The project aims to develop a technology, called nano-photography that allows rapid production of color images onto nano-substrates, called nano-photopapers. The nano-photopaper is comprised of a pixel layer with mosaics of primary color pixels constructed by metal nano-structures and an intensity-filter layer to pattern the brightness of underlying pixels to display any visual color.


Nanostructure Color Printing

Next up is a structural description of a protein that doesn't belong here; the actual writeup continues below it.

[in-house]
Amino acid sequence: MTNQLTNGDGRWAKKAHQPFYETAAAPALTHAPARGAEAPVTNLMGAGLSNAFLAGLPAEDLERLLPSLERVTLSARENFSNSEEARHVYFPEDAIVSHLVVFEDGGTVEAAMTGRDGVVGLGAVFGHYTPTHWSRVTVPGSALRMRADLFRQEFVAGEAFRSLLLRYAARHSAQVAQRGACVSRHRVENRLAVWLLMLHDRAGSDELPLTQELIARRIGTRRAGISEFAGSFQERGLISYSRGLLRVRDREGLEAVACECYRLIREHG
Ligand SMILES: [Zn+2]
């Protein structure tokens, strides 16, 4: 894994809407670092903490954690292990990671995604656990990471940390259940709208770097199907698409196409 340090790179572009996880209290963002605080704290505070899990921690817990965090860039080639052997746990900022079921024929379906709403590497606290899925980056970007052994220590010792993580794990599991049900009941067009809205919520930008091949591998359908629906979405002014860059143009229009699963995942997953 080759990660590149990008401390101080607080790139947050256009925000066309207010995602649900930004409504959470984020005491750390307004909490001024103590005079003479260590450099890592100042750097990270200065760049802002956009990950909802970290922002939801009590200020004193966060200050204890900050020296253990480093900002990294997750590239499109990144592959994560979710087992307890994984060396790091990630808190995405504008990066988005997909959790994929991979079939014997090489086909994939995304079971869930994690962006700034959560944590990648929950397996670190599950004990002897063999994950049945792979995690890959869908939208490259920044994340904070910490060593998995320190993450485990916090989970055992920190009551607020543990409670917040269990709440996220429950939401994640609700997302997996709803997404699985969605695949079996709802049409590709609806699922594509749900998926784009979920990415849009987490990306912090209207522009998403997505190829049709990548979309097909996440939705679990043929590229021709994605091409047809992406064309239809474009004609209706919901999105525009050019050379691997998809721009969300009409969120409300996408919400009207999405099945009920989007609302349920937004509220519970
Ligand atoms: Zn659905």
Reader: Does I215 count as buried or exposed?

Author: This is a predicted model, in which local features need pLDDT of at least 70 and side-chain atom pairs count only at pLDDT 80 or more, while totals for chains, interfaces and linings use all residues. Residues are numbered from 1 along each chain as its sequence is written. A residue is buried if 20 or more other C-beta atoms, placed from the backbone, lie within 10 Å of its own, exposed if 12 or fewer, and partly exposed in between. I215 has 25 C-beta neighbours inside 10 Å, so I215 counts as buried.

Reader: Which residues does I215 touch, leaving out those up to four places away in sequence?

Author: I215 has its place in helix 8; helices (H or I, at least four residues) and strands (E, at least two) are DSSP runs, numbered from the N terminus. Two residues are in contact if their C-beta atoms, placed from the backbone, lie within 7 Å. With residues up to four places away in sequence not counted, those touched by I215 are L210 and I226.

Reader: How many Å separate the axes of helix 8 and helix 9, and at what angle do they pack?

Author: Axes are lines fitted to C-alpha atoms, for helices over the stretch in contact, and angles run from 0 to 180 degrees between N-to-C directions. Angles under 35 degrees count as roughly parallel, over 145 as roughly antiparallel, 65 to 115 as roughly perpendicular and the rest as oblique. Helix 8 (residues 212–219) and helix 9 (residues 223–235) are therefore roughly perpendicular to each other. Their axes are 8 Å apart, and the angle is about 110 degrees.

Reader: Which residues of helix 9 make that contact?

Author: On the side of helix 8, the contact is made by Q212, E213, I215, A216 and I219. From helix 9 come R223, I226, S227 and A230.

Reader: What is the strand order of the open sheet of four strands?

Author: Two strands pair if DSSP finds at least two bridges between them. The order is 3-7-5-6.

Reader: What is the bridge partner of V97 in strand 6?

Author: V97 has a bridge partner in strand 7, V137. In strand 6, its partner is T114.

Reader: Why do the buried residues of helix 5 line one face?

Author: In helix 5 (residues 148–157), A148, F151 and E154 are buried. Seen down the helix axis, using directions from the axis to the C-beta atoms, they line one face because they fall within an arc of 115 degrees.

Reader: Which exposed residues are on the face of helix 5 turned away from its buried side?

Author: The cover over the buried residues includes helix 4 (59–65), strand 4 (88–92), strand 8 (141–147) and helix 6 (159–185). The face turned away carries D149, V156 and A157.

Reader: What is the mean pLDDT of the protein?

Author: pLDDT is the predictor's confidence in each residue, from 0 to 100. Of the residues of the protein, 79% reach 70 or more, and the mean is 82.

With the advancement of nanotechnology in recent years, efforts and activities have started to be geared toward the implementation of nanostructures in generating vibrant, vivid colors with super high resolution. Traditionally, colors are generated mainly based on absorption of light at a certain band from pigments and dyes. They are usually chemically instable (color fading) and pose environmental concerns. Nanostructure colors, on the other hand, which generate colors based on interaction of light with optical nanostructures, have started to facilitate to replace traditional colors. From specially engineered nanostructures, distinctive bright iridescent colors can be displayed from pixels in the size as small as 250 nm!!! Nanostructure color printing allows color images to be printed at unprecedented resolution and information to be optically stored at incredibly high density. At CiBERLAB, we design and fabricate nanostructure color pixels with unique optical properties and apply these nano-pixels in printing color images. Through our revolutionary top-down approaches, color images can be printed with super-high throughput which allows them to be used in increasingly wide variety of real-world applications: customizable security and authentication features; print-and-paste transparent full-color panel; eye-readable optical archival storage; specialty color-decorative films for power-generation panels; high-resolution multi-direction optical displays. It is a perfect combination of nanoscale coloration with high-speed micropatterning technique and paves the way for realizing next-generation main-stream color printing technology. Four technologies in nanostructure color printing that were developed in CiBERLAB will be introduced in the following: MIONS printing; eye-readable full-color permanent optical archival storage; NANO-ART; multi-directional full-color optical display enabled by plasmonic printing.